We are familiar with the cancer genome atlas. Now, the great challenge is to know the function of these genetic errors in order to understand their relationship with evolution, spread and resistance to drugs
Personalised therapies have great potential for the treatment of various types of cancer, such as lymphomas. However, resistance (to drugs) remains a problem that must be resolved. Normal cells within the tumour’s micro-environment provide factors that help cancer cells to grow and survive despite the presence of drugs.
The identification and description of new signalling networks and factors responsible for cancer emergence, progression and resistance to drugs, in both cancer cells and normal cells in the tumour micro-environment, will be essential for the design of new therapeutic strategies for aggressive cancers with relapse, such as lymphomas.
The group identifies and describes the molecular mechanisms and the clinical impact of new oncogenic factors and the signalling pathways of aggressive lymphomas using innovative screening tools in primary patient samples, molecular and cellular biology tools and mimicking the tumour microenvironment in 3D cocultures. It also conducts translational research, in which it generates lymphoma in murine models to test the treatments in vivo.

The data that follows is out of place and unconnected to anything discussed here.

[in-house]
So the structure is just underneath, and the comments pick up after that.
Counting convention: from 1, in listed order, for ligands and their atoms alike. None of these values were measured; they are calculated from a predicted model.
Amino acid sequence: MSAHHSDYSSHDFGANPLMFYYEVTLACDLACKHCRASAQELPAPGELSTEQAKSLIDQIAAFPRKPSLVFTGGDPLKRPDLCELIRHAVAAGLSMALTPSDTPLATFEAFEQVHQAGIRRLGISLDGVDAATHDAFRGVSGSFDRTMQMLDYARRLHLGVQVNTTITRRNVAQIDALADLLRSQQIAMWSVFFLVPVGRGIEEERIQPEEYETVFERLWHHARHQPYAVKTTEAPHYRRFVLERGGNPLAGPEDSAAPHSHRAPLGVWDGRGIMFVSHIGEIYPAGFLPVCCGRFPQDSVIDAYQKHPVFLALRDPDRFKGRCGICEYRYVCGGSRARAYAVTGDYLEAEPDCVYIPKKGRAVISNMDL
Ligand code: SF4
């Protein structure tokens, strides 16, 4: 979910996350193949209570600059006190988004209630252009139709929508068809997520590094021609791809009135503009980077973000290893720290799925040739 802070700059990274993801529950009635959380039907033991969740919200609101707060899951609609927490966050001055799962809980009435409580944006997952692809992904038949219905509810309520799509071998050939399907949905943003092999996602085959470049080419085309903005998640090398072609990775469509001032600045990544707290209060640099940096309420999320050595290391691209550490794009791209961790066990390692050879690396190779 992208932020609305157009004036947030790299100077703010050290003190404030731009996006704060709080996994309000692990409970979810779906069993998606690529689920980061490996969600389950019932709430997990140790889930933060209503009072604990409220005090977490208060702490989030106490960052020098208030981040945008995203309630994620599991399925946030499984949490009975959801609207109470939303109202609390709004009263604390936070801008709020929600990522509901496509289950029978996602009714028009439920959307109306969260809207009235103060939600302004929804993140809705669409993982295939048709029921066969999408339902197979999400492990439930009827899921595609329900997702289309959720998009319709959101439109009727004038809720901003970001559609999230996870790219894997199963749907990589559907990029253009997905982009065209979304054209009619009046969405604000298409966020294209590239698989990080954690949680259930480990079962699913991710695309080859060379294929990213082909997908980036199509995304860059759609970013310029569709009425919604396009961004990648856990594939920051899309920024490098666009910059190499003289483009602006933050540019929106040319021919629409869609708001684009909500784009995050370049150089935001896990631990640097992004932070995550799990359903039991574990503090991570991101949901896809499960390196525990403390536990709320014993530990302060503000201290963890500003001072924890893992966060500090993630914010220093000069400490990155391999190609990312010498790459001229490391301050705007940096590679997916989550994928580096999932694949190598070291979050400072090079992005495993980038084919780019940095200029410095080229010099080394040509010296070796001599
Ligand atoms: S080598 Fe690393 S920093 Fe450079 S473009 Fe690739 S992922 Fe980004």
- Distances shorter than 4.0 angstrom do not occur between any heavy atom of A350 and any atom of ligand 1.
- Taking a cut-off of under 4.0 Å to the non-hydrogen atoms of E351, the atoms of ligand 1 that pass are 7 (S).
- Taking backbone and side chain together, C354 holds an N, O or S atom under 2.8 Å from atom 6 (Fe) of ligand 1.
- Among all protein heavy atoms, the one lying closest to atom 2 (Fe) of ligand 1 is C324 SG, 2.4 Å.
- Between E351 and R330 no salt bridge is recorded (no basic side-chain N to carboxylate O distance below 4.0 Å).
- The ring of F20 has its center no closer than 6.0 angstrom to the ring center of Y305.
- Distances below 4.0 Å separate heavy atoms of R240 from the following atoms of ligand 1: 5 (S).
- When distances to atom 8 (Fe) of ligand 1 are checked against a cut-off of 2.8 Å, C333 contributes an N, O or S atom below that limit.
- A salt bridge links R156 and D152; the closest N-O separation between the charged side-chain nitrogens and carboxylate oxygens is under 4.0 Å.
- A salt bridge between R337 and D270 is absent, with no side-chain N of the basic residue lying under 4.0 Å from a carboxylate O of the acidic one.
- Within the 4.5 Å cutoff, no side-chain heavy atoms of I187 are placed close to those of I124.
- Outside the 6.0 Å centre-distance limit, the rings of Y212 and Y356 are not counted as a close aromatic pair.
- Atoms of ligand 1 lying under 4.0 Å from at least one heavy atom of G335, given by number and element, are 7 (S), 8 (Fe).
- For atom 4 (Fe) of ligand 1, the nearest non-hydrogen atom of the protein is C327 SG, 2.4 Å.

In this way it can better understand the disease and it can find new targets in order to develop specific therapies that benefit patients with aggressive relapsing lymphomas, many of them incurable to date.
The results of the group have helped to show that, as with solid tumours, the tumour micro-environment and the immune system play an important role in aggressive behaviour and response to current treatments against mantle cell lymphoma.
Its ultimate goal is to transfer the best experimental therapies to patients with aggressive lymphomas, to improve their response to treatments and their quality of life. Its experimental approaches will also allow the establishment of new biomarkers to stratify patients, which will result in a more accurate allocation of these new treatments.